Why Ammonia is the Preferred refrigerant for Industrial Applications

Overview of Ammonia as a Refrigerant

Ammonia is a naturally occurring gas, which has been used for centuries as a refrigerant in industrial applications. It is one of the oldest and most cost effective refrigerants available, making it an ideal choice for large scale cooling systems. Ammonia is also highly energy efficient and environmentally friendly, with near-zero ozone depletion potential and a low global warming potential (GWP).

Advantages of Using Ammonia for Industrial Applications

In addition to its numerous advantages, ammonia is also non-flammable and non-toxic. This makes it particularly suitable for food storage and handling, where it can be used as a replacement for more hazardous refrigerants such as chlorofluorocarbons (CFCs) or hydrofluorocarbons (HFCs).

Ammonia has been used successfully in many industries including commercial air conditioning, cold storage warehouses, food production plants and beverage production facilities. In these applications, ammonia offers several key benefits compared to other refrigerants:

– Cost: Ammonia typically costs less than alternative refrigerants due to its abundance in nature.

– Efficiency: Ammonia has high thermal conductivity and specific heat capacity properties that enable it to provide more efficient cooling than other alternatives.

– Safety: Ammonia is non-flammable and non-toxic, making it a safer option when compared to flammable HFCs or CFCs.

– Environmental Impact: With its near zero ozone depletion potential, ammonia does not contribute significantly to global warming like other synthetic chemicals do.

Despite all of these advantages, there are some drawbacks associated with using ammonia as a refrigerant in industrial applications. For example, due to its toxicity at higher concentrations, special care must be taken during installation of the system to ensure proper ventilation and containment techniques are utilized. Additionally, while ammonia’s boiling point is lower than most other common refrigerants (at -28°F), this means that the system must operate at higher pressures in order to reach temperatures below freezing. This can lead to additional safety issues with regards to corrosion or over-pressurization if not correctly installed.  Furthermore, while ammonia generally has low odor thresholds in air concentrations of 0.9–1%, odors may still be detectable if concentrations exceed 1–2%.  As such, any system using ammonia must be carefully monitored for leaks at all times as even small leaks may have serious consequences if not addressed quickly enough.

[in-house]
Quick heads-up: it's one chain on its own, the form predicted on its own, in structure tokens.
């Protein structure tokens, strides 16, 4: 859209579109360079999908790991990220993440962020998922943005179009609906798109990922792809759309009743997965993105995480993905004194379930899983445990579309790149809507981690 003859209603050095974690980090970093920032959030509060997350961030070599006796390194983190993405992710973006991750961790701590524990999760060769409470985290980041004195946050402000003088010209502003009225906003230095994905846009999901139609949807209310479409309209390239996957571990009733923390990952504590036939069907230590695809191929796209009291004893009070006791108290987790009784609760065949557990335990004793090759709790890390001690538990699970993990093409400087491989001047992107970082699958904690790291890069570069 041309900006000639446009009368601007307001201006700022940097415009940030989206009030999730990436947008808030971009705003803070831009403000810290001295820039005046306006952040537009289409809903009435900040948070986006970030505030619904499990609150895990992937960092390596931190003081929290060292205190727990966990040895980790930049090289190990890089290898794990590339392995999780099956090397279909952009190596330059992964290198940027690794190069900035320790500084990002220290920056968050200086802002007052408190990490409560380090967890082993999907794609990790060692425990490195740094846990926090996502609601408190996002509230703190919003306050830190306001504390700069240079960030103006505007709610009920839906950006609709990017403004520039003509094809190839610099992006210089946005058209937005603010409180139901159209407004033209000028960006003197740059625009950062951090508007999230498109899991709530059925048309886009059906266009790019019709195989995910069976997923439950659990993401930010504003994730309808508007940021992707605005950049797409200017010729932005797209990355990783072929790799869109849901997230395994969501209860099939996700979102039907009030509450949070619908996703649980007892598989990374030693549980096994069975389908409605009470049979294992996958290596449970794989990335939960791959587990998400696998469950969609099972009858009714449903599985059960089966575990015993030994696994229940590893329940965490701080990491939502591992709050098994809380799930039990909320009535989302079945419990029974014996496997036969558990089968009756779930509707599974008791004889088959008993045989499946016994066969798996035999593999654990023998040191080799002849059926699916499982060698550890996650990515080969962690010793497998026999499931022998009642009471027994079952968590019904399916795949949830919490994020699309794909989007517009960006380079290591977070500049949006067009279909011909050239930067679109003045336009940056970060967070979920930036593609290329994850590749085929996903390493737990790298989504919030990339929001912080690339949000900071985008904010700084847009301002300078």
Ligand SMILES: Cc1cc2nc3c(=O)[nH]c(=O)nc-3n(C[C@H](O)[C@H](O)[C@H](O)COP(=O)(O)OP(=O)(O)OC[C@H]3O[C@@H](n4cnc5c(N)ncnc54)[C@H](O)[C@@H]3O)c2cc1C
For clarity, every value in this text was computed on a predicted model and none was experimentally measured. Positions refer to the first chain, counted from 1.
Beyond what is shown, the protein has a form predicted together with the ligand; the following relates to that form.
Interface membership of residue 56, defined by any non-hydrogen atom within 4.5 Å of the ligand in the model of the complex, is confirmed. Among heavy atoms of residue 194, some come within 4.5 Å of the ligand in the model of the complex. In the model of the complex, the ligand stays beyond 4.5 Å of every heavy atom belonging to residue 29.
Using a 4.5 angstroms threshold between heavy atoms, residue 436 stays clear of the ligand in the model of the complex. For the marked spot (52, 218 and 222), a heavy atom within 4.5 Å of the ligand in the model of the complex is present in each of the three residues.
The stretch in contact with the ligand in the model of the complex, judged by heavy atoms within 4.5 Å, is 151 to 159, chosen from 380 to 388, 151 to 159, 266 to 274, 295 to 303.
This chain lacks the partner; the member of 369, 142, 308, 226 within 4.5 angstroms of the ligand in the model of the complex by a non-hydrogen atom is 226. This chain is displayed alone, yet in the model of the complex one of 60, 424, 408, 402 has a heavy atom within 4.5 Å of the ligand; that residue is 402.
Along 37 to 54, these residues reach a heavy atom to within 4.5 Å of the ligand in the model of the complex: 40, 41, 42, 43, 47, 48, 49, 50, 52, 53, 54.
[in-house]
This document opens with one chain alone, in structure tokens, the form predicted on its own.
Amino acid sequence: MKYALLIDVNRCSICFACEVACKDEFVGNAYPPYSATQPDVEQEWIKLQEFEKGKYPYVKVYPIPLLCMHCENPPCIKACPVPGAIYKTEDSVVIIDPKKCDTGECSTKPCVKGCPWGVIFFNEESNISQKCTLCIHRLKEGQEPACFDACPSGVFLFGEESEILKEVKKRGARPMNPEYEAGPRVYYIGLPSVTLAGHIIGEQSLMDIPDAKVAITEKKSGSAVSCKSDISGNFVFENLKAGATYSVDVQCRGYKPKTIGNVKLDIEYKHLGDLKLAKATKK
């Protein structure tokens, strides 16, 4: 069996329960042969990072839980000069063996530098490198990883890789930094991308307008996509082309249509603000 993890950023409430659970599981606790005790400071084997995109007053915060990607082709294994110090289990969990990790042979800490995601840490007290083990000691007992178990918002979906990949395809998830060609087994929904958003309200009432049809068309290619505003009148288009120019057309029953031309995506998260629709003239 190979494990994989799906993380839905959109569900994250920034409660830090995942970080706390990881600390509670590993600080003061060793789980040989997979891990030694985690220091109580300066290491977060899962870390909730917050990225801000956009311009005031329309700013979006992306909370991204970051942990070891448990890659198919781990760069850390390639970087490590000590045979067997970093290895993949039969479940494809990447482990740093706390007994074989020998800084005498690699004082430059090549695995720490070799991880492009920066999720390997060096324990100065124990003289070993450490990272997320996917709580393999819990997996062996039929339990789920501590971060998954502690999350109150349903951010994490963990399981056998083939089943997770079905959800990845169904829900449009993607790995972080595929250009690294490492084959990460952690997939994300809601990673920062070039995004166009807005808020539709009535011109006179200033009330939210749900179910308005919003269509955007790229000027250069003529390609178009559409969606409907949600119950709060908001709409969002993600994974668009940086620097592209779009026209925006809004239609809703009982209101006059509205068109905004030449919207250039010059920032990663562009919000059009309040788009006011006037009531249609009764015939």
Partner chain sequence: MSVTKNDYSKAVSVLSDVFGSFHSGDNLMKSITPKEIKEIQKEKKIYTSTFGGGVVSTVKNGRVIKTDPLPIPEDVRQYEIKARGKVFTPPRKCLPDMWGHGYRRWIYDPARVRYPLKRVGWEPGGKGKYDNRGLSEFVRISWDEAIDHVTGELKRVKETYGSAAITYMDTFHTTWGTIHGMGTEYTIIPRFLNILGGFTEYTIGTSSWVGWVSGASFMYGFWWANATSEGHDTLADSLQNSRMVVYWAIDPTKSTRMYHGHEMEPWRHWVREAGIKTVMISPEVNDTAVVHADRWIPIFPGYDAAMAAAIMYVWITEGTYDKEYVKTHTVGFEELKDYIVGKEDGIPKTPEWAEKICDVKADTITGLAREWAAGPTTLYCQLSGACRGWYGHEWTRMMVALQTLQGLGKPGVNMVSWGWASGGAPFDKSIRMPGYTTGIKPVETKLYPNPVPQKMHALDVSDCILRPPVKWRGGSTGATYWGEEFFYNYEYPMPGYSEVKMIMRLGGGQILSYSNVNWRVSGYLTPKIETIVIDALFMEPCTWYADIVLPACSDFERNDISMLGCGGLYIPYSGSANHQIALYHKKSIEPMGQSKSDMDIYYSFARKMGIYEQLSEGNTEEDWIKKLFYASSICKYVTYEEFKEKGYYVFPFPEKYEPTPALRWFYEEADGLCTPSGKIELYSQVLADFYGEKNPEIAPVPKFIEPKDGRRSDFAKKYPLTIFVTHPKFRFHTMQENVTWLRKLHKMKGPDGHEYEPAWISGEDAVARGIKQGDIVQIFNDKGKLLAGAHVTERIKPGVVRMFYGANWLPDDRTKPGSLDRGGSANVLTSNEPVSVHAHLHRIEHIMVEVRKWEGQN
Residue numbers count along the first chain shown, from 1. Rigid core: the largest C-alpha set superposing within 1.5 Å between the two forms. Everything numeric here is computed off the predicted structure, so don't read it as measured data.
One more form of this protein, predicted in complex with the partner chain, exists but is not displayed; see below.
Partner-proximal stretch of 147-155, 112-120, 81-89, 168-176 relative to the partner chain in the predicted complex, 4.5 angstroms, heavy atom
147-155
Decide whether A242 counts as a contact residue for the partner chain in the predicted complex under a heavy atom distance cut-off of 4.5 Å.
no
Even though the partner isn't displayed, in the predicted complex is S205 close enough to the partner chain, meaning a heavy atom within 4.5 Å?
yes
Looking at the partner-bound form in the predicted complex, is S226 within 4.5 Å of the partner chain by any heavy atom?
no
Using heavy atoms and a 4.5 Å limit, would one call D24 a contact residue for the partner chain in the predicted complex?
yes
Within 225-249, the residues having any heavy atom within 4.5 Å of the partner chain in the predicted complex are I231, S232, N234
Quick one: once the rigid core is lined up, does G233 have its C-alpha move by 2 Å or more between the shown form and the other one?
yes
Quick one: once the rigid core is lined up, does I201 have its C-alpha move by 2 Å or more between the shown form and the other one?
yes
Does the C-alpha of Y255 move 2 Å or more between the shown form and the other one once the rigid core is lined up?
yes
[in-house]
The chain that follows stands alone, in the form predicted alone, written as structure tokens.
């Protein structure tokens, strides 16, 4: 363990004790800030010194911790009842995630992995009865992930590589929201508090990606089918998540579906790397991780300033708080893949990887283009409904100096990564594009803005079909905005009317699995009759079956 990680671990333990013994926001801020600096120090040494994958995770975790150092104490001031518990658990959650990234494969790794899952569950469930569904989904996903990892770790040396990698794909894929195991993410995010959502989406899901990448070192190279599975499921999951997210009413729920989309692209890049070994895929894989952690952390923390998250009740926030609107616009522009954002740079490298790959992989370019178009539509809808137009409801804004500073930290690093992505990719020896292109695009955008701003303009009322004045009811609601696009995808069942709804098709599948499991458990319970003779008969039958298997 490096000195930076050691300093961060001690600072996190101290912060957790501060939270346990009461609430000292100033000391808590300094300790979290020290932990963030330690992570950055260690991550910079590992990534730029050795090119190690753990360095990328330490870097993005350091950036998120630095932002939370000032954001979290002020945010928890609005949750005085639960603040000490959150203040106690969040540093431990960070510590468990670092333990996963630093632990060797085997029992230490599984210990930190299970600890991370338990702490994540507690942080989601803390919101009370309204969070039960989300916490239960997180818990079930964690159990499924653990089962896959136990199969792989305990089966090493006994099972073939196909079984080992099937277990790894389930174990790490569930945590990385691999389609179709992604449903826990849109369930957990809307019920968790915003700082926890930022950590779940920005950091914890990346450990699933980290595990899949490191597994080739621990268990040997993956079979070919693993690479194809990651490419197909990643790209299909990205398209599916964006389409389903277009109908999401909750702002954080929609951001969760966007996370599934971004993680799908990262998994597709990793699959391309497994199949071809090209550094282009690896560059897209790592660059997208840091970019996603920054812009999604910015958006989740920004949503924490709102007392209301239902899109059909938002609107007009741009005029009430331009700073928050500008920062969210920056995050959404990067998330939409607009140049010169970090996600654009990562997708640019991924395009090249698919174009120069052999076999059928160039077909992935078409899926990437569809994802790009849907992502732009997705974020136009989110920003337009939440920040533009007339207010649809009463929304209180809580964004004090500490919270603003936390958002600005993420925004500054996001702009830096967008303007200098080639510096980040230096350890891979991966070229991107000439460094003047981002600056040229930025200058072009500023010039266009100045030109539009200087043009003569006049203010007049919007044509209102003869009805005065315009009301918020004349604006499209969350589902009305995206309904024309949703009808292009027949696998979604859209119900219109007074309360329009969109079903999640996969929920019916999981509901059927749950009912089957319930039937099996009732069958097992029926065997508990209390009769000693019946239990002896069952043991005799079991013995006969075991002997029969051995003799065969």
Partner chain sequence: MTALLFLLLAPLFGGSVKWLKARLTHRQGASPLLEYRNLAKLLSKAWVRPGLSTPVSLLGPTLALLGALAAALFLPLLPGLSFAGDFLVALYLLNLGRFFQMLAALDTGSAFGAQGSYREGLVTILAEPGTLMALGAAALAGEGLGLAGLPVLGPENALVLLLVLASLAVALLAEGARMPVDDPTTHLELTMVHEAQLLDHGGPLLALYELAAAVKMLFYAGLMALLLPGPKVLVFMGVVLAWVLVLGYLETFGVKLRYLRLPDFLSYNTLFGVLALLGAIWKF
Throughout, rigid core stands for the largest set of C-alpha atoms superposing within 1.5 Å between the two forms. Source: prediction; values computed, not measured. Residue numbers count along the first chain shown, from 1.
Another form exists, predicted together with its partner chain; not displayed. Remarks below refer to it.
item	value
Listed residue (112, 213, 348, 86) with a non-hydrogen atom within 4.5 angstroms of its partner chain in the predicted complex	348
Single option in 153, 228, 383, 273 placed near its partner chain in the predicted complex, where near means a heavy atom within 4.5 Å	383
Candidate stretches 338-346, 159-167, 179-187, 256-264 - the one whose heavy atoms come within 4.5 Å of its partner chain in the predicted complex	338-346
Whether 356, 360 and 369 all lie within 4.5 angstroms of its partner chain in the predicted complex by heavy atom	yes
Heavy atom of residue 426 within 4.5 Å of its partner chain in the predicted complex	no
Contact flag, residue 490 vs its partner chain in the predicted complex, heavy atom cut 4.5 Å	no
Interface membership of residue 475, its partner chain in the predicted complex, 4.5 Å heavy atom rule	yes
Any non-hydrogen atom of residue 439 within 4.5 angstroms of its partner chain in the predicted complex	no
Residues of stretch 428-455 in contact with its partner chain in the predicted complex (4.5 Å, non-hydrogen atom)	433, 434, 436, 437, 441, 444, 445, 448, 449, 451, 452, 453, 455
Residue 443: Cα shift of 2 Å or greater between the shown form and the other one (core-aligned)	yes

Safety Considerations when Handling and Storing Ammonia

Overall though, when properly applied using the necessary safety precautions for handling toxic gases like ammonia – such as proper ventilation systems – this chemical can remain an effective solution for large scale industrial cooling needs in comparison with other available options on the market today.

About Airgas, Inc.

Airgas, Inc. (NYSE: ARG), through its subsidiaries, is one of the nation's leading suppliers of industrial, medical and specialty gases, and hardgoods, such as welding equipment and related products. Airgas is a leading U.S. producer of atmospheric gases with 16 air separation plants, a leading producer of carbon dioxide, dry ice, and nitrous oxide, one of the largest U.S. suppliers of safety products, and a leading U.S. supplier of refrigerants, ammonia products, and process chemicals. Approximately 17,000 associates work in more than 1,100 locations, including branches, retail stores, gas fill plants, specialty gas labs, production facilities and distribution centers. Airgas also markets its products and services through e-Business, catalog and telesales channels. Its national scale and strong local presence offer a competitive edge to its diversified customer base. For more information, please visit www.airgas.com.

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